You Own a Server? Is it Ready for Black Friday?
In the previous article we told you how to prepare your online store for Black Friday by finding a suitable hosting service. We also gave you a few optimization tips.
These services provide you with full root access that enables you to analyze them in a more detailed way. On the other hand, CPU time is the parameter that helps you analyze your resources. For that reason the following lines are going to be more technical in nature.
There is an index called Load Average in Linux that shows total value of the CPU load. The current Load Average is displayed with the “top” command.
The lower the numbers, the better (watch out the second and third number). Generally a threshold value means that the Load Average should not exceed the number of CPU cores on the server. This rule might give you an overall idea whether your server is overloaded. The threshold value means that the Load Average should not exceed the number of cores multiplied by 2. Higher numbers might represent overloaded websites.
If CPU load increases linearly depending on the number of users, we can suppose that if the number of our website visits doubles, the load will also double. In such cases the Load Average value goes very high. So you can either increase the number of CPU cores or optimize in other ways. Do not forget to increase proportionally the RAM along with the CPU cores!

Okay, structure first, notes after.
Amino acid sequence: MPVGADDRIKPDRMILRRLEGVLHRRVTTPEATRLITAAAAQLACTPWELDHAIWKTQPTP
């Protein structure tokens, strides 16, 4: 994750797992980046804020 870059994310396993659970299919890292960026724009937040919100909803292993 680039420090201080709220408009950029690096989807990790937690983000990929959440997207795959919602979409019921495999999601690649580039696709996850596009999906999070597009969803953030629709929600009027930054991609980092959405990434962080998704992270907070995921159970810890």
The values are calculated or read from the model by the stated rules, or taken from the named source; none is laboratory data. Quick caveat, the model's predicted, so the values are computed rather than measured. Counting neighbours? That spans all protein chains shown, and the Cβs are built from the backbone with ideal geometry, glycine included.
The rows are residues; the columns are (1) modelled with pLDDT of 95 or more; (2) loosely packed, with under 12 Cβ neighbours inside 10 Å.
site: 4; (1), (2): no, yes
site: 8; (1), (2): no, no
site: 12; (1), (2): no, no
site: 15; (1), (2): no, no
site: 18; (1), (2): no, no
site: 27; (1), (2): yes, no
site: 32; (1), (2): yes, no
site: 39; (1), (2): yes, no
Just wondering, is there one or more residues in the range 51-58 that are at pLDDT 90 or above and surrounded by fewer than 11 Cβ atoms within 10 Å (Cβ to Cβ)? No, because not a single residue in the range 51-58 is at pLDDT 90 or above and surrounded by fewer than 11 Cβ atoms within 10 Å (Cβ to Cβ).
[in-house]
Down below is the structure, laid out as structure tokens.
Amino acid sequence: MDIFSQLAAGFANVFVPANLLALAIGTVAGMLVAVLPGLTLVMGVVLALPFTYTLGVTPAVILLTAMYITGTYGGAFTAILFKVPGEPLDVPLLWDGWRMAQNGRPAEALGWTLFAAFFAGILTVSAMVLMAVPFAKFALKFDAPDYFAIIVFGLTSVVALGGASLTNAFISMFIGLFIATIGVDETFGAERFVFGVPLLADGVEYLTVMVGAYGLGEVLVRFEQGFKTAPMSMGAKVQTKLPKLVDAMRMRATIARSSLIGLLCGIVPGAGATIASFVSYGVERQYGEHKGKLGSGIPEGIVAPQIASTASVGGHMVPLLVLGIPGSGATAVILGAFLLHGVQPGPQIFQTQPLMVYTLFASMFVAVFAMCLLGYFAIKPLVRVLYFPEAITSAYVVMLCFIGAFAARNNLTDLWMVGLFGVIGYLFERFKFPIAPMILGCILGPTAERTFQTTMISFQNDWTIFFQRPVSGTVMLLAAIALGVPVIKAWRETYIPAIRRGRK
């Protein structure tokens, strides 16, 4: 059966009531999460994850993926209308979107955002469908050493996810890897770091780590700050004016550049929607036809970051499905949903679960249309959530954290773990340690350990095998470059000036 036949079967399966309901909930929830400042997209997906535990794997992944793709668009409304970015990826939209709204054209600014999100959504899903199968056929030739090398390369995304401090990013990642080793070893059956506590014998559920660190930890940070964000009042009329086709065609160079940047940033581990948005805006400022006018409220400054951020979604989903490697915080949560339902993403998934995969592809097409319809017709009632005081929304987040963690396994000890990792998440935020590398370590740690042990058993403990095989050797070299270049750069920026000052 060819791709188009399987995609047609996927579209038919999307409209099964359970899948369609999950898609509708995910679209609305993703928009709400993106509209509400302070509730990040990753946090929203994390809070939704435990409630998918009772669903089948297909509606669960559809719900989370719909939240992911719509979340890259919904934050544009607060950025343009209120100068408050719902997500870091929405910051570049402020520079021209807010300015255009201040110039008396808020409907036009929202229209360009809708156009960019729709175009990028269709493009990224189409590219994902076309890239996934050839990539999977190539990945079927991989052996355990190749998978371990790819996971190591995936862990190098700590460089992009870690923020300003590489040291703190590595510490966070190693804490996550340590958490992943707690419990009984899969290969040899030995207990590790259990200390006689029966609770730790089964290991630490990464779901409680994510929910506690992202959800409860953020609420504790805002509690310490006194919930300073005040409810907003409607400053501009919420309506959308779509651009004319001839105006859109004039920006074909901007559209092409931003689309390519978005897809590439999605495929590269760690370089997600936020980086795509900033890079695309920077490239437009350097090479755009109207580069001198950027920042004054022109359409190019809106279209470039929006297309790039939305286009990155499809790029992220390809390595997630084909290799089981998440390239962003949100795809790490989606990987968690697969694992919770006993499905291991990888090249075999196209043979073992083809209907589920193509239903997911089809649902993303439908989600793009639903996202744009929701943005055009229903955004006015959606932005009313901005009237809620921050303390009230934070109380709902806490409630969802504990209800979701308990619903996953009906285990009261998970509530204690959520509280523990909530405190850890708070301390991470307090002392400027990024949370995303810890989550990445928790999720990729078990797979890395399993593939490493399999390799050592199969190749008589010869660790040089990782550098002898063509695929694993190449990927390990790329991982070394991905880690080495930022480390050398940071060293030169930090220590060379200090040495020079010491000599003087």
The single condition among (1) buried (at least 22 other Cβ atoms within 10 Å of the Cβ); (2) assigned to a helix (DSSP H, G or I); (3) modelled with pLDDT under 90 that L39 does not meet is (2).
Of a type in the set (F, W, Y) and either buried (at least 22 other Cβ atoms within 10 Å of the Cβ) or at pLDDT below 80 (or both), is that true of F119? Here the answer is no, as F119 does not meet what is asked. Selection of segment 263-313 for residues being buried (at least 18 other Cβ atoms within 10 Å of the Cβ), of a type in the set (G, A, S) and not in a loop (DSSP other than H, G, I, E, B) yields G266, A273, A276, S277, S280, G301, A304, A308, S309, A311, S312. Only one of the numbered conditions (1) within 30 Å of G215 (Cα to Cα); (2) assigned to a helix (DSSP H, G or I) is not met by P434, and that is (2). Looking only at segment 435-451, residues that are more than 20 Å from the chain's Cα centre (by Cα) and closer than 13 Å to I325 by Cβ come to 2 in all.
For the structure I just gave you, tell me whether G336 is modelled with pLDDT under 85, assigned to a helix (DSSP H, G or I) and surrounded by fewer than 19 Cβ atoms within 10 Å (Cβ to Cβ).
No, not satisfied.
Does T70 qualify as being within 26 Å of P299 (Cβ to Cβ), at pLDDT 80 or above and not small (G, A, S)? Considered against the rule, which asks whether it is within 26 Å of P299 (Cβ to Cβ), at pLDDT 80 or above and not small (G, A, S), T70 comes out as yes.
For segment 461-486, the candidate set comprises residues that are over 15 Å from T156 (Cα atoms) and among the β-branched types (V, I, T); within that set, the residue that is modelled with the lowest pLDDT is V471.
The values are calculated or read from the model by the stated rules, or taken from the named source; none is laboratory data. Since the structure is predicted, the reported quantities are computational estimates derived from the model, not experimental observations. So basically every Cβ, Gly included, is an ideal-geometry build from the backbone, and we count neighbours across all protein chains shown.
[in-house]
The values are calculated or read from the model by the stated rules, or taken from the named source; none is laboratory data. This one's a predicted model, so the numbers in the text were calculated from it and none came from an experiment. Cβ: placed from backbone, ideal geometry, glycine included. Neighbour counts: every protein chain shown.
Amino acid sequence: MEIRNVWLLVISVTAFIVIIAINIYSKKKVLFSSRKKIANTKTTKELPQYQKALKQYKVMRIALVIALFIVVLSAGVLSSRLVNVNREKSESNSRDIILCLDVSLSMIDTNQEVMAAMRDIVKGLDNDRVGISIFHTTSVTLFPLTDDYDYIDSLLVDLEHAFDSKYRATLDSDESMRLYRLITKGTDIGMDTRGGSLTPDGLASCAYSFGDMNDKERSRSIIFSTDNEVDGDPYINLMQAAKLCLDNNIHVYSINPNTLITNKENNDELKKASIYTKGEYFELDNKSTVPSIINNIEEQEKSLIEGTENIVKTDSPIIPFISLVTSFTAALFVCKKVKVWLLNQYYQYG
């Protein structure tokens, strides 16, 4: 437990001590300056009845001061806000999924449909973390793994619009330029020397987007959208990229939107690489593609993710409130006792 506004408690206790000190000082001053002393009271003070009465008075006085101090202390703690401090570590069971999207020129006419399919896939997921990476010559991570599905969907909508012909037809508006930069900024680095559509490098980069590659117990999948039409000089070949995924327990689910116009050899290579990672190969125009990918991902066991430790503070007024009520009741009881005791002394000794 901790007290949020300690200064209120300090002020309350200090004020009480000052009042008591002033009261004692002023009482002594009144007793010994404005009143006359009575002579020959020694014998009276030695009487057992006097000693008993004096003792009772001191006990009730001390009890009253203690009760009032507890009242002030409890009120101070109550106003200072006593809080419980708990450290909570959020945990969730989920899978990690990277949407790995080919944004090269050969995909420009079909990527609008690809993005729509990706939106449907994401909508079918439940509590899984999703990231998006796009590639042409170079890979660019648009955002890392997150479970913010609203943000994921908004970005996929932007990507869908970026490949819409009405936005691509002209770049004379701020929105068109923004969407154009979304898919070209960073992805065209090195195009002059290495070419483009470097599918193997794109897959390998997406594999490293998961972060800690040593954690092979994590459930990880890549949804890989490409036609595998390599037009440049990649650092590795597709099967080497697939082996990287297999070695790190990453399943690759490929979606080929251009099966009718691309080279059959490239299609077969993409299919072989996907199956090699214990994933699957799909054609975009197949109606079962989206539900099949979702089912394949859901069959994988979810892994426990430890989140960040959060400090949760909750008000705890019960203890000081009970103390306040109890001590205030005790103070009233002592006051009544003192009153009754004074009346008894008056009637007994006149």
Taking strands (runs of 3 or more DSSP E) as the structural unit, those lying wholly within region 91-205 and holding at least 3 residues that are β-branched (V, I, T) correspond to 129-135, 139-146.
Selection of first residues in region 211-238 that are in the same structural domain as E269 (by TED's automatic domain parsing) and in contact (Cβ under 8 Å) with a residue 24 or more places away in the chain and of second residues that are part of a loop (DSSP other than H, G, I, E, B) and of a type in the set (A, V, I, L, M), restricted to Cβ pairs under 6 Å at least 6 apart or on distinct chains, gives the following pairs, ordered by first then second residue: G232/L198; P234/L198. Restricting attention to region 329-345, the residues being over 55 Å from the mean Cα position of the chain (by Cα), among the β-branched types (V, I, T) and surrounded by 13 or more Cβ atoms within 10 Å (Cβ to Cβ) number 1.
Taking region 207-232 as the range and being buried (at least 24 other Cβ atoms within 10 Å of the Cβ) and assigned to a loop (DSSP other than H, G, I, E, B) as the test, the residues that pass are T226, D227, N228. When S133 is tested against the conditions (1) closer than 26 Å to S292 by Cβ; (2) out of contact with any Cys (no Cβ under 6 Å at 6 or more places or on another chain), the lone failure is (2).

Here is a simple example – you own a server with 4 CPU cores. Usually your website reaches about 5000 page views per day. So the Load Average value is 0.5. If we accept that on Black Friday you will reach a total of 30000 page views, we can calculate that:
0.5 * (30000 / 5000) = 3
Your Load Average value equals 3. You have a server with 4 CPU cores available so we accept that it could handle the load. However, we might expect most users to visit your website for a short period of time – for example from 10:00 to 15:00. In such case it is a great idea to ensure 100 % server interruptibility. So we now calculate:
3 * (1 + 100%) = 6
Now the CPU load is higher than the number of cores you have available and you need to increase their number (in your case with at least 50% – from 4 to 6). You also need to increase the RAM. If your server used to have 4GB RAM, now make it at least 6GB.
In many cases, however, increasing the number of visitors to your website leads to nonlinear increase of CPU load so it is possible that the server load increases more than expected. This is a specific situation depending on the web application used and its settings.
Our recommendations for calculating the necessary resource are just basic and do not cover all possible case scenarios. So it is better to consult an expert for a more detailed analysis.
For further optimization you might take the following steps:
- Check whether most of the load is coming from – the scripts or the database. Thus you will be able to focus on the more critical aspect. My tips for optimizing PHP and slow queries from our previous article are still 100% valid!